The entire process of withdrawing consciousness from the universe and becoming conscious of the Self is accompanied by an increasing control of all the vehicles of consciousness. Such control is made possible by the vivification and activisation of unused centres of control; and the functioning of new centres brings, in its train, a number of occult powers. These new powers are commonly known as siddhis; and they can come before the aspirant has become spiritually perfect. In fact, egoism can flourish through the acquisition of such occult powers ; and the aspirant may not only take delight in possessing them, but might actually use them for mundane purposes, from which he has not necessarily freed himself. Siddhis are, therefore, rightly regarded as obstacles in the attainment of realization.

Education, in general, should not be limited to the acquisition of knowledge and preparation for a career, or, in common parlance, "to make a better living." And we must think in terms of a '"better living" not only for the individual, but also for the society as a whole. The educational system must, therefore, pay more attention, indeed the main attention, to the building of character, with emphasis on moral and ethical values. (Need one be reminded of what happened in our lifetime in a country that ranked among the foremost in science, technology, philosophy, etc.?)Education must put greater emphasis on the promotion of fundamental human rights and obligations of justice and morality, which are the basis of any human society, if it is to be truly human and not turn into a jungle.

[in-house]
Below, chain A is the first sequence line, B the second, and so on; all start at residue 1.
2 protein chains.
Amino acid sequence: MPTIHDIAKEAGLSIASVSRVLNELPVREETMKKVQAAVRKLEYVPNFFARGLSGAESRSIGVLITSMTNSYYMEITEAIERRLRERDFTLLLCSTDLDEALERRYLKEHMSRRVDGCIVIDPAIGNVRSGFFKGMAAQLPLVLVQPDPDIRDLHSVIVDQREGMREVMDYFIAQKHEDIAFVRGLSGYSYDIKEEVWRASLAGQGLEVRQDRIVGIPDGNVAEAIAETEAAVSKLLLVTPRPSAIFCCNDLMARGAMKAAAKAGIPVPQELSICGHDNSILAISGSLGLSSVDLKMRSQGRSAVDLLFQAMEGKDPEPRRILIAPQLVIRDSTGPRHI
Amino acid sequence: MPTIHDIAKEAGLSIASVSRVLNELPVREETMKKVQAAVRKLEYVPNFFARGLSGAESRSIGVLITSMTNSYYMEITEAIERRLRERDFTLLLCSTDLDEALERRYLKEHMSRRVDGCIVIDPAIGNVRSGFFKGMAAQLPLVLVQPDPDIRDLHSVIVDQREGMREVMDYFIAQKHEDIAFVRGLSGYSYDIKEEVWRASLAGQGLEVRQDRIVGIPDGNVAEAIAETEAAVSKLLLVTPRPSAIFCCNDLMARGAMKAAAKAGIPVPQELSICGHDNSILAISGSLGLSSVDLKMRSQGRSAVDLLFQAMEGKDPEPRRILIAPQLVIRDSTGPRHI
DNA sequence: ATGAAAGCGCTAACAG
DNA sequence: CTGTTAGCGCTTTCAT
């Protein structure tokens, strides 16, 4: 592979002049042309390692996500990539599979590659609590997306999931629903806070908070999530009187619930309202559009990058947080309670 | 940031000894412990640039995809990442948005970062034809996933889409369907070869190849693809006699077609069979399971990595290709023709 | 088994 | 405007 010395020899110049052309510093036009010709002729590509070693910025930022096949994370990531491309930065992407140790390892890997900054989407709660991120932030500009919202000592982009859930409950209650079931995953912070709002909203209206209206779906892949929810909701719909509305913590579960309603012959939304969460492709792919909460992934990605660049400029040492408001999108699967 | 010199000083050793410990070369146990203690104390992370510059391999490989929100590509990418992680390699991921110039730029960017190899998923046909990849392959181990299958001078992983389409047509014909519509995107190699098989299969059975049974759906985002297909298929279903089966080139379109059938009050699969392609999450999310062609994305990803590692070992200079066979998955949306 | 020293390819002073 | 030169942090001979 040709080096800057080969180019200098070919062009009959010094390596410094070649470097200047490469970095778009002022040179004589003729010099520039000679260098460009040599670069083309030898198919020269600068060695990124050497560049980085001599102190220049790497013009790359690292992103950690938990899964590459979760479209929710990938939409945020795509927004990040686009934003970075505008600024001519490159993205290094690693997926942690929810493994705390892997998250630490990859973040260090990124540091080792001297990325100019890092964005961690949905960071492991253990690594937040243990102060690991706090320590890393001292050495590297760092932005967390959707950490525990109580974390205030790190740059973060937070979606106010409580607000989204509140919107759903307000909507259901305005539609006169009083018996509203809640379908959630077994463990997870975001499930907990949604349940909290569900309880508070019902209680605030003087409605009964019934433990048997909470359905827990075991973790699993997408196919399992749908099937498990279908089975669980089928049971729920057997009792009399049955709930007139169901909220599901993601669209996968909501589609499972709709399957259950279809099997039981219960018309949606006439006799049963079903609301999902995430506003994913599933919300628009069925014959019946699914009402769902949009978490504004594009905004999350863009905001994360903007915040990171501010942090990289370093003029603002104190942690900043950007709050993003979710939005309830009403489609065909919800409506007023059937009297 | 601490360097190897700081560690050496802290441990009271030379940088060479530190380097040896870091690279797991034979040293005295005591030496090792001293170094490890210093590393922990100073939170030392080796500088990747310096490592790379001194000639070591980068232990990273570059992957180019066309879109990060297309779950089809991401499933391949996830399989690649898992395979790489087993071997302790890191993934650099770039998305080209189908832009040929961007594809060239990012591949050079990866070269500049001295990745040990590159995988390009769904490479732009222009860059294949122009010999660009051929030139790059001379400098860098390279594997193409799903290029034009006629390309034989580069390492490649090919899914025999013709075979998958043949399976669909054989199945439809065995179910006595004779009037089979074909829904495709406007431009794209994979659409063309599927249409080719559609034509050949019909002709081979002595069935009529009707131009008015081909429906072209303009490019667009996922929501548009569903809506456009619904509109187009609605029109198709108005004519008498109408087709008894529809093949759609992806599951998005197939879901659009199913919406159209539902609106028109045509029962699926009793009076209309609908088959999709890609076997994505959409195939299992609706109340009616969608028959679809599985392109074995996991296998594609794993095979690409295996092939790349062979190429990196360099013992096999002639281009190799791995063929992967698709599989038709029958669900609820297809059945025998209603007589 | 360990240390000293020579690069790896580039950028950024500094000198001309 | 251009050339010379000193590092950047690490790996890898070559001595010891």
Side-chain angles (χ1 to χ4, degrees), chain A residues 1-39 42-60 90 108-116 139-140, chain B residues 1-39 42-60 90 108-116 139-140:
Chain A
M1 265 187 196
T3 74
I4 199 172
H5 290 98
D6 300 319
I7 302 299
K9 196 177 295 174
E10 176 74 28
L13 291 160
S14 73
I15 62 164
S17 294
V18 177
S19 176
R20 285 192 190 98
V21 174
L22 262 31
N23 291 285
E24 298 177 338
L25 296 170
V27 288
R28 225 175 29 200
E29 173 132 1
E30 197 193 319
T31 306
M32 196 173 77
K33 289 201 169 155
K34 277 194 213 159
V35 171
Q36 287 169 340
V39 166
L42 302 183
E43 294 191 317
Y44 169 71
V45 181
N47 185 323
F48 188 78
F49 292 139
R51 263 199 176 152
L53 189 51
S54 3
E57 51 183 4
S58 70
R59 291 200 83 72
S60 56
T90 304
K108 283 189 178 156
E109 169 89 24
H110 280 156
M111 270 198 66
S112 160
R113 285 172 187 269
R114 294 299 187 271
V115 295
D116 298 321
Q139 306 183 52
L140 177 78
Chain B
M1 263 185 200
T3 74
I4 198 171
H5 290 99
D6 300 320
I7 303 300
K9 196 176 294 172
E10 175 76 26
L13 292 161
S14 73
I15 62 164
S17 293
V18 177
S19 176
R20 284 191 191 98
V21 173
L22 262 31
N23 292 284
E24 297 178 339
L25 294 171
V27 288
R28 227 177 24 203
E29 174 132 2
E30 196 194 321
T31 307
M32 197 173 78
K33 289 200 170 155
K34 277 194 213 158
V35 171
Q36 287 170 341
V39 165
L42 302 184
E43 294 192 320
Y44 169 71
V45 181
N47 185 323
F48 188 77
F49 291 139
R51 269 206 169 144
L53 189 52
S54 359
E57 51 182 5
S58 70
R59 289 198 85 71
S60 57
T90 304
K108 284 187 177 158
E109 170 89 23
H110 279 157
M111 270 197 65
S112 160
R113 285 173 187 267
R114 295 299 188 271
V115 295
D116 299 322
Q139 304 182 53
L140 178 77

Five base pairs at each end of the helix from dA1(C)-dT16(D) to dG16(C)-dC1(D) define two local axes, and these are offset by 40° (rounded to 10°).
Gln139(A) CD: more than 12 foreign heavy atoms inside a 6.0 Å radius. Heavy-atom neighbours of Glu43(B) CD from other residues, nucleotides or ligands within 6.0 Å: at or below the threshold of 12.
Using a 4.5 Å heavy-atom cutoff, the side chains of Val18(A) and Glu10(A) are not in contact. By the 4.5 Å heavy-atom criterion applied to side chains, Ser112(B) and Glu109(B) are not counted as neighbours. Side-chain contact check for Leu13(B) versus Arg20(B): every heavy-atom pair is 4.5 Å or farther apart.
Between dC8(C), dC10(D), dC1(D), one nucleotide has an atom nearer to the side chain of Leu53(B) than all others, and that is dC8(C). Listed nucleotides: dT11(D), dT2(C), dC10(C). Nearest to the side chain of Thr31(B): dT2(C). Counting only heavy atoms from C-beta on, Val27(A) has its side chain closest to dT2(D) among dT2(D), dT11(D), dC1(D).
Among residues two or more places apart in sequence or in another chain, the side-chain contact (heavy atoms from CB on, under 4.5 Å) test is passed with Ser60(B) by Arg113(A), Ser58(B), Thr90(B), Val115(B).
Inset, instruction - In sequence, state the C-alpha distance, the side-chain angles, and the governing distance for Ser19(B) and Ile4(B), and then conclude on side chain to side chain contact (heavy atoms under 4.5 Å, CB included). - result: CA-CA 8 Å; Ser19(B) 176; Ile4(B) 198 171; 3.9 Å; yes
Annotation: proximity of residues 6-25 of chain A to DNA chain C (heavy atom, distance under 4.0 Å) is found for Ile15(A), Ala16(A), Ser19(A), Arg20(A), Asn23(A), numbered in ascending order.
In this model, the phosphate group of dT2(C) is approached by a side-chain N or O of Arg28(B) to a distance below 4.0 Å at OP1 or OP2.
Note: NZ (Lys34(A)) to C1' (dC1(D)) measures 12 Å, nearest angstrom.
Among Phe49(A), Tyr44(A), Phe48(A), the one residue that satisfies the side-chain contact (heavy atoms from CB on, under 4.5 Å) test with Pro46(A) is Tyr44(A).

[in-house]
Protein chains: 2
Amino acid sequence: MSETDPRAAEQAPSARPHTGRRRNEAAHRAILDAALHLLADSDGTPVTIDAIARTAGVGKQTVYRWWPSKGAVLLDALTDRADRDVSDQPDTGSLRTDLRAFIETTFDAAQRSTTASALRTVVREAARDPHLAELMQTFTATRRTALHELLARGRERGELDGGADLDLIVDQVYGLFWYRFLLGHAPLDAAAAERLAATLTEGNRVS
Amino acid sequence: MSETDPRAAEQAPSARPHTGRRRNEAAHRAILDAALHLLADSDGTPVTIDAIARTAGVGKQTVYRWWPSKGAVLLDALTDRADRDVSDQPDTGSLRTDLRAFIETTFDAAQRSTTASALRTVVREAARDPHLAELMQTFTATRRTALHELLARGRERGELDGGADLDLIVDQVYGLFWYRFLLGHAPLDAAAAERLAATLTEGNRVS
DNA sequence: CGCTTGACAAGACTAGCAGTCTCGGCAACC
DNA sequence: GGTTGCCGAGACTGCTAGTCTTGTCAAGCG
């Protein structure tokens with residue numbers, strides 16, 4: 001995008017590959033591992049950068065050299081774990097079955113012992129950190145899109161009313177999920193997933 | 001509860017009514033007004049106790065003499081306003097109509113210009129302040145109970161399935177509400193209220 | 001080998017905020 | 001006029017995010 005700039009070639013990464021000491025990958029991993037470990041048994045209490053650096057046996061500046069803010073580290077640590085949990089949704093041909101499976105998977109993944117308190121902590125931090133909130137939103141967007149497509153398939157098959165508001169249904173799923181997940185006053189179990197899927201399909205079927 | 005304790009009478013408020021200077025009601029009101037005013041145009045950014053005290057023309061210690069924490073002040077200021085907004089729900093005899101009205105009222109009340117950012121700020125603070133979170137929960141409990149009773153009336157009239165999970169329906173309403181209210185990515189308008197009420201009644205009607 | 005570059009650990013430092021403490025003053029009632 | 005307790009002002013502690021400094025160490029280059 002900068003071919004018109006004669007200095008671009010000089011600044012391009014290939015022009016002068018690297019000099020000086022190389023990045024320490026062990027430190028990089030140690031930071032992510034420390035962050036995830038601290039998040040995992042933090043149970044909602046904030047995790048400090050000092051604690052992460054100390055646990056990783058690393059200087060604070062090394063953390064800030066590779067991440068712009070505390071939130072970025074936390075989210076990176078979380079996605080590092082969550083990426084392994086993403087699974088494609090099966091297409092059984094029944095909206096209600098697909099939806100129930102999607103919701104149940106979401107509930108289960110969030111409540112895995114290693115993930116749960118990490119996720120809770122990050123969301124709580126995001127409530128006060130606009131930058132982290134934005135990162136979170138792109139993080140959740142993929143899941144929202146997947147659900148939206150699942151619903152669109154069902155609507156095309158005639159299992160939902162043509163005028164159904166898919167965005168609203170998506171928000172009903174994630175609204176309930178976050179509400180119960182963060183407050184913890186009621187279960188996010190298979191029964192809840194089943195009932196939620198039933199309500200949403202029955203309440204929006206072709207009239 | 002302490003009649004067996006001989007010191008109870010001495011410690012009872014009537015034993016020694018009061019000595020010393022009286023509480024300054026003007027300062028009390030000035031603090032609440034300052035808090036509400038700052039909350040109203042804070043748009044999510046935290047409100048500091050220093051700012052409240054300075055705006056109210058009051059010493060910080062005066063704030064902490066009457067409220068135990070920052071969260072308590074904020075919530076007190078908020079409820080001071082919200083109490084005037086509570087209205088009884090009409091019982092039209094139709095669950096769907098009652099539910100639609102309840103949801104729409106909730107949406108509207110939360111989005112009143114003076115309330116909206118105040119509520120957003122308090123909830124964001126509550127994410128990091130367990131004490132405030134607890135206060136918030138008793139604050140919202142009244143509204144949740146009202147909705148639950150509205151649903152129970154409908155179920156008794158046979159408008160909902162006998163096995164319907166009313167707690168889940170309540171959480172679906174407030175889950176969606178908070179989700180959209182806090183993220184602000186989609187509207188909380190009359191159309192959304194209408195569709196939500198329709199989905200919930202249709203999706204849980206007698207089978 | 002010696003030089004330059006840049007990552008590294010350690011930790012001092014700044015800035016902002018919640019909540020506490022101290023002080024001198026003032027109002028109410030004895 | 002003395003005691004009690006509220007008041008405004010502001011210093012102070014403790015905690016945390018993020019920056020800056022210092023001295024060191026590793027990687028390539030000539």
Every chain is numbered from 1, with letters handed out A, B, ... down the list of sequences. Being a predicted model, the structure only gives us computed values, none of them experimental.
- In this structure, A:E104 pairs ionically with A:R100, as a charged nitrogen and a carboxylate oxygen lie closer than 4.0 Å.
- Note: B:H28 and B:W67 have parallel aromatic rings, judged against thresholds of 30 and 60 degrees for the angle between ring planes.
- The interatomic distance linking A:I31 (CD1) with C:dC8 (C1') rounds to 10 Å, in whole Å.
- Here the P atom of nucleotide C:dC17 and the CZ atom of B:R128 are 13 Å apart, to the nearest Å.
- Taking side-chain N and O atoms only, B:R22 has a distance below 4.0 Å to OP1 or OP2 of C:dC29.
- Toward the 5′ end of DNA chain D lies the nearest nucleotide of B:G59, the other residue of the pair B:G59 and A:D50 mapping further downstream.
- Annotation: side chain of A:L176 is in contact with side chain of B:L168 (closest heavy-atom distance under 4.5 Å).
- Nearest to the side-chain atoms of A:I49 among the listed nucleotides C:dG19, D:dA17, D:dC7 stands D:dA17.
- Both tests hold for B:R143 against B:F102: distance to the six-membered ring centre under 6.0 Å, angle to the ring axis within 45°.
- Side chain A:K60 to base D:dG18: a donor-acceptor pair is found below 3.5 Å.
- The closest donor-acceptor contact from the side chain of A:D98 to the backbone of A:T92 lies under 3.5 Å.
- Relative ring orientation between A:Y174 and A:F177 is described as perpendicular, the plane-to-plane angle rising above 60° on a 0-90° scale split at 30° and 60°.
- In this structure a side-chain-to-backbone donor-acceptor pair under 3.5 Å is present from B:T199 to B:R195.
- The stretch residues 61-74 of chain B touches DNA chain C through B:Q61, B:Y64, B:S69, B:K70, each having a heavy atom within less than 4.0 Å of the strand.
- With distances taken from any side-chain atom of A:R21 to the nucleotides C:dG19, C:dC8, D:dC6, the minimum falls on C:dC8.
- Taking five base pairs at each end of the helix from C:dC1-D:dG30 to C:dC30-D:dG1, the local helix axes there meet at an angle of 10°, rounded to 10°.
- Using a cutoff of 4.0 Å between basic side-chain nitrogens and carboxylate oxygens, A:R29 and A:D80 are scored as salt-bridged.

And joy is everywhere;
It is in the Earth's green covering of grass;
In the blue serenity of the Sky;
In the reckless exuberance of Spring;
In the severe abstinence of grey Winter;
In the Living flesh that animates our bodily frame;
In the perfect poise of the Human figure, noble and upright;
In Living;
In the exercise of all our powers;
In the acquisition of Knowledge;
In fighting evils...
Joy is there

If one looks into the genealogies of many 'old families,' one discovers episodes of slave trafficking, bootlegging, gun running, opium trading, falsified land claims, violent acquisition of water and mineral rights, the extermination of indigenous peoples, sales of shoddy and unsafe goods, public funds used for private speculations, crooked deals in government bonds and vouchers, and payoffs for political favors. One finds fortunes built on slave labor, indentured labor, prison labor, immigrant labor, female labor, child labor, and scab labor -- backed by the lethal force of gun thugs and militia. 'Old money' is often little more than dirty money laundered by several generations of possession.

Ideas are powerful things, requiring not a studious contemplation but an action, even if it is only an inner action. Their acquisition obligates each man in some way to change his life, even if it is only his inner life. They demand to be stood for. They dictate where a man must concentrate his vision. They determine his moral and intellectual priorities. They provide him with allies and make him enemies. In short, ideas impose an interest in their ultimate fate which goes far beyond the realm of the merely reasonable.

It was the artist, too, who awakened that broad philanthropic spirit which, even in old ages, shone in the teachings of noble reformers and philosophers, that spirit which makes men in all departments and positions work not as much for any material benefit or compensation -- though reason may command this also -- but chiefly for the sake of success, for the pleasure there is in achieving it and for the good they might be able to do thereby to their fellow-men. Through his influence types of men are now pressing forward, impelled by a deep love for their study, men who are doing wonders in their respective branches, whose chief aim and enjoyment is the acquisition and spread of knowledge, men who look far above earthly things, whose banner is Excelsior! Gentlemen, let us honor the artist; let us thank him, let us drink his health!